The Green Deal and EU reconstruction after the COVID-19 crisis
To achieve the CO2 reduction targets that are to be set in the new climate law, means looking seriously at the energy efficiency of buildings, and most especially social housing. A big part of the EU housing stock dates from the last centuries and was built in ways that waste energy.
Of all the CO2 abatement plans, the biggest return is to reduce the 30% of total energy consumption used for heating.
That makes sense, but who pays? The owners of social housing have less concern because the heating bill is paid by the tenant. So we are catch 22 – the tenant will not refurbish what he does not own, the owner will not invest to make savings he does not get.
How to beat the deadlock? One way ahead is to look at the revision of the construction products regulation (CPR) that sets the product standards.
After the crisis a major reconstruction programme makes political and economic sense. Many SMEs are active in the construction sector and could be got back to work.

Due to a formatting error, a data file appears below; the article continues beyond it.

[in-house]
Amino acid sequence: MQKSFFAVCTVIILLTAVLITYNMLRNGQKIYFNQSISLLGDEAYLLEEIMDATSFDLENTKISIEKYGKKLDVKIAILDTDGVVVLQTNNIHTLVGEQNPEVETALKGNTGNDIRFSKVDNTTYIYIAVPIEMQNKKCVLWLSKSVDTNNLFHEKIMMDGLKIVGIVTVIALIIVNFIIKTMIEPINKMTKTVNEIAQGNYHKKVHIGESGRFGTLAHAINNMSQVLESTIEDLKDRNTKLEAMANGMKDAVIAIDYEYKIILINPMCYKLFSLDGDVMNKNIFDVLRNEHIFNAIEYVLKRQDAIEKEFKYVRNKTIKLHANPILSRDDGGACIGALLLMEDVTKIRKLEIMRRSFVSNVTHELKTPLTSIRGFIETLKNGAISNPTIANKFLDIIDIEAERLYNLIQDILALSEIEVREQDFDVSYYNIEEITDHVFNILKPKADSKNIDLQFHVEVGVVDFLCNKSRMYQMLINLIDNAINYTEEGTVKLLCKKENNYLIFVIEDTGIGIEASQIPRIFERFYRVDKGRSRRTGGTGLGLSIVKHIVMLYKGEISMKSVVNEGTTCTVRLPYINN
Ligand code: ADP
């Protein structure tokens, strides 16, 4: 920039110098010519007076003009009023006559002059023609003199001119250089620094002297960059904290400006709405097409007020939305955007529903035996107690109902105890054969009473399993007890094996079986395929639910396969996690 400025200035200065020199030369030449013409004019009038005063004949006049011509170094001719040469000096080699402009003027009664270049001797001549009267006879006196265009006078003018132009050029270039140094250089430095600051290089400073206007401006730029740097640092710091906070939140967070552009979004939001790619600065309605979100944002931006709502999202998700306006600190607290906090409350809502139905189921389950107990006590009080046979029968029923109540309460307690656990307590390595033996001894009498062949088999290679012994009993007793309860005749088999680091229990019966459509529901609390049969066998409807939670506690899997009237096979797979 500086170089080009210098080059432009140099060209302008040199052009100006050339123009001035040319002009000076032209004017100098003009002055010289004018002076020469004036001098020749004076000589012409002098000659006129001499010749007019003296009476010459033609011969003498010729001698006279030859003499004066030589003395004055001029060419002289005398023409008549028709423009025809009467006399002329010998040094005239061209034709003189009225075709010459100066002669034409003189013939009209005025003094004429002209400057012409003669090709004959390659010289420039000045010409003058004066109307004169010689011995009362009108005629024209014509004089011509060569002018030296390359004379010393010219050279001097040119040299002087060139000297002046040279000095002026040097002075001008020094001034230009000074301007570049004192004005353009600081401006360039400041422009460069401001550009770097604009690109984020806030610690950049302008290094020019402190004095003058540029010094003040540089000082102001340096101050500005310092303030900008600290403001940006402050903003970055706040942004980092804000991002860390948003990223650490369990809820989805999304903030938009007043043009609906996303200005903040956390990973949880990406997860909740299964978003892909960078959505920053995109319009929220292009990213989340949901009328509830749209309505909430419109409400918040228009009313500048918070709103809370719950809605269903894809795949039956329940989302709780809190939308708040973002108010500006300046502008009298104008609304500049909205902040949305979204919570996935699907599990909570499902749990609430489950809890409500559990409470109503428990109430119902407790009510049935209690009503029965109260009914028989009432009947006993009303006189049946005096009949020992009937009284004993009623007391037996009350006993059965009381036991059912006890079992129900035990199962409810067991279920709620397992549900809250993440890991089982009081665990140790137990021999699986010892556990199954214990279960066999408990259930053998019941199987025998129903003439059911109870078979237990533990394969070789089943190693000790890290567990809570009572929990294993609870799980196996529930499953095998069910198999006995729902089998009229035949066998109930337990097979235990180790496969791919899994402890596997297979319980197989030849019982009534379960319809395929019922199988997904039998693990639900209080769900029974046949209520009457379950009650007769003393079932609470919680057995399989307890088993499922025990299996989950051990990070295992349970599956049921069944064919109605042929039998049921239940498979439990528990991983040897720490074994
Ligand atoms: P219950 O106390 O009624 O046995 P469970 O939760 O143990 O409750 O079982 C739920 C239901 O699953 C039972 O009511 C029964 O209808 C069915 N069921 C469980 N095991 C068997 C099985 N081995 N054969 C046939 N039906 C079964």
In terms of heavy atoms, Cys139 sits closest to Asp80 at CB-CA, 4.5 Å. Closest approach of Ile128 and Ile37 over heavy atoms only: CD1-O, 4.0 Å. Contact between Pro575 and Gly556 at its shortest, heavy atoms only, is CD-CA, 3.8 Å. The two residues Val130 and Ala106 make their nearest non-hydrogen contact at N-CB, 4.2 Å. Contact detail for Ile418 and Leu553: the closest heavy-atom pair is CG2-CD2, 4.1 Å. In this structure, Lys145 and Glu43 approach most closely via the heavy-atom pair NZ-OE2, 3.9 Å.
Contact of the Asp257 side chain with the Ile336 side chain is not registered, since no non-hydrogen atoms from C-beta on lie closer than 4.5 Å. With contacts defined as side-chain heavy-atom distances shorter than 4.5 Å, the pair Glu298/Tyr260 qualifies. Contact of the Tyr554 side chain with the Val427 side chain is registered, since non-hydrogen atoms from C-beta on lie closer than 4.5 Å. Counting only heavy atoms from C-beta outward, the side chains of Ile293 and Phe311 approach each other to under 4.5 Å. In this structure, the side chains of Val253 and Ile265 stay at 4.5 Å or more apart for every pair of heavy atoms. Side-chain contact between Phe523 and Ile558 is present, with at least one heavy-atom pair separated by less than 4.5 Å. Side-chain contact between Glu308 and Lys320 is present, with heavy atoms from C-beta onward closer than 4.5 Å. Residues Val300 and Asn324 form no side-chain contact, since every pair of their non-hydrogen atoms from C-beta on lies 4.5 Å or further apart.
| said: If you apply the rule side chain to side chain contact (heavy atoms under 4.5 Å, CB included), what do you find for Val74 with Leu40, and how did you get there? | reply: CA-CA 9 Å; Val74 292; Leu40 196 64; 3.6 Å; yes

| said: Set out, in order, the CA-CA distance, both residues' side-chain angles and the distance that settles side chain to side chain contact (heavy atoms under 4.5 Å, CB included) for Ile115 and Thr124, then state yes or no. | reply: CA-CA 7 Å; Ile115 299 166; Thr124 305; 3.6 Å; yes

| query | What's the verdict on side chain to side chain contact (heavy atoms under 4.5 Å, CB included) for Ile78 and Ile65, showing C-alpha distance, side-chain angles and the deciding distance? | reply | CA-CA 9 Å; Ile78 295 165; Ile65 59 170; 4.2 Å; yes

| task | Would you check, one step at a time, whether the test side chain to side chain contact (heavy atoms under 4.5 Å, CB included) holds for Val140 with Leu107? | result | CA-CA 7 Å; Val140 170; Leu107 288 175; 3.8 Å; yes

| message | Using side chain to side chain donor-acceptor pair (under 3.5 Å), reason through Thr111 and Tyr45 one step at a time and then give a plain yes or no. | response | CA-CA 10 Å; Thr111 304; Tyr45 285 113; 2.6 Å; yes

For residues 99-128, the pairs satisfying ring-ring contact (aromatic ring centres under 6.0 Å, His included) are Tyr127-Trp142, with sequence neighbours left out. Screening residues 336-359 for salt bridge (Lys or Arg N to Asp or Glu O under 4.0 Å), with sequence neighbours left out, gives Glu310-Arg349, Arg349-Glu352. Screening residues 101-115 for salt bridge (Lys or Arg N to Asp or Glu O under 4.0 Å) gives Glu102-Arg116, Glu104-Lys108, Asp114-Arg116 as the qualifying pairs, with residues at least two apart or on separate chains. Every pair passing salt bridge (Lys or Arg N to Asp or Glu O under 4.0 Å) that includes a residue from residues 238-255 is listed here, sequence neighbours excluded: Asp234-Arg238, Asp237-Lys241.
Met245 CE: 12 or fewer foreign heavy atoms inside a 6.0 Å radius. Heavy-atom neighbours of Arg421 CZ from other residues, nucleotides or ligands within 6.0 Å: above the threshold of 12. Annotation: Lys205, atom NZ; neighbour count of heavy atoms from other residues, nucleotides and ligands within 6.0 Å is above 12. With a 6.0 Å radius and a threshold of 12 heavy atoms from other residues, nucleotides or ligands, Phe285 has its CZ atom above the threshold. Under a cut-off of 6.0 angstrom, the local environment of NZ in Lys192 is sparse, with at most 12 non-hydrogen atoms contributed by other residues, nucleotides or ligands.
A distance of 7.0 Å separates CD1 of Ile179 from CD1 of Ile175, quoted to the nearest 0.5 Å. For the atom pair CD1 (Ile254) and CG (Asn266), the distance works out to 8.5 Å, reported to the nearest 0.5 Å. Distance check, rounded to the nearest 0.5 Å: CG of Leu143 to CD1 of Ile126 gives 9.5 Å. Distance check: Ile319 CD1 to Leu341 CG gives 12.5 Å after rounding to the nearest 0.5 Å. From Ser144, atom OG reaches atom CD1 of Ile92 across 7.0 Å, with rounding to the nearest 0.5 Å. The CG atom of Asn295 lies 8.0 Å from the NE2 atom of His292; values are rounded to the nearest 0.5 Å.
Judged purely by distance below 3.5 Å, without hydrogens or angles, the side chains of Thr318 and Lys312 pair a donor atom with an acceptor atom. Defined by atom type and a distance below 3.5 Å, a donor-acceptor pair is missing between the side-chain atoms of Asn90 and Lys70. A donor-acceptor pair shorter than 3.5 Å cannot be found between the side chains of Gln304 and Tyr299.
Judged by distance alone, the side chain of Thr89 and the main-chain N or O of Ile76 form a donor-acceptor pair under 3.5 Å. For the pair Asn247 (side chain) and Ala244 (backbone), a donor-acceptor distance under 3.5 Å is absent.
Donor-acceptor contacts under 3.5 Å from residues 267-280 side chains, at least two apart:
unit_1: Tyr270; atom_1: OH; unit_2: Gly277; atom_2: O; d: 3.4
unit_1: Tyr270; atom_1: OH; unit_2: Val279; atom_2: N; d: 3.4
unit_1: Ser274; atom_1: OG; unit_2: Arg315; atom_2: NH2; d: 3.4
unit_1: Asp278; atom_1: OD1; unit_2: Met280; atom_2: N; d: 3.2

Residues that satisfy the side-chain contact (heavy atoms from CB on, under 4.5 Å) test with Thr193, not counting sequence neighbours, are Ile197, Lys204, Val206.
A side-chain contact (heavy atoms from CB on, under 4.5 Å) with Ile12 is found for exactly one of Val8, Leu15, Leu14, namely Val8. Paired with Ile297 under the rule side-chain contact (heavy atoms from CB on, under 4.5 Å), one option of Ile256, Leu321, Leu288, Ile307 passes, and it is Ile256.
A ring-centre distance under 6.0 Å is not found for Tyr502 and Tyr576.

But who has the money? Part of the plan must be to empower the cities to be able to use the funds and even raise funds. They are the closest to social needs. Better insulated buildings have a wide social benefit, since energy poverty can be alleviated by lower heating bills.
Who owns this at the EU level? Housing renewal is writ large in the Green Deal, but the CPR is the job of DG Grow. Energy efficiency is owned by yet another DG, as is employment. What we need is overall ownership for an integrated EU plan of action. Time for a champion in the Commission to step forward to lead a concerted reconstruction plan after the crisis.
If you would like to find out more, please contact us at COVIDteam@fipra.com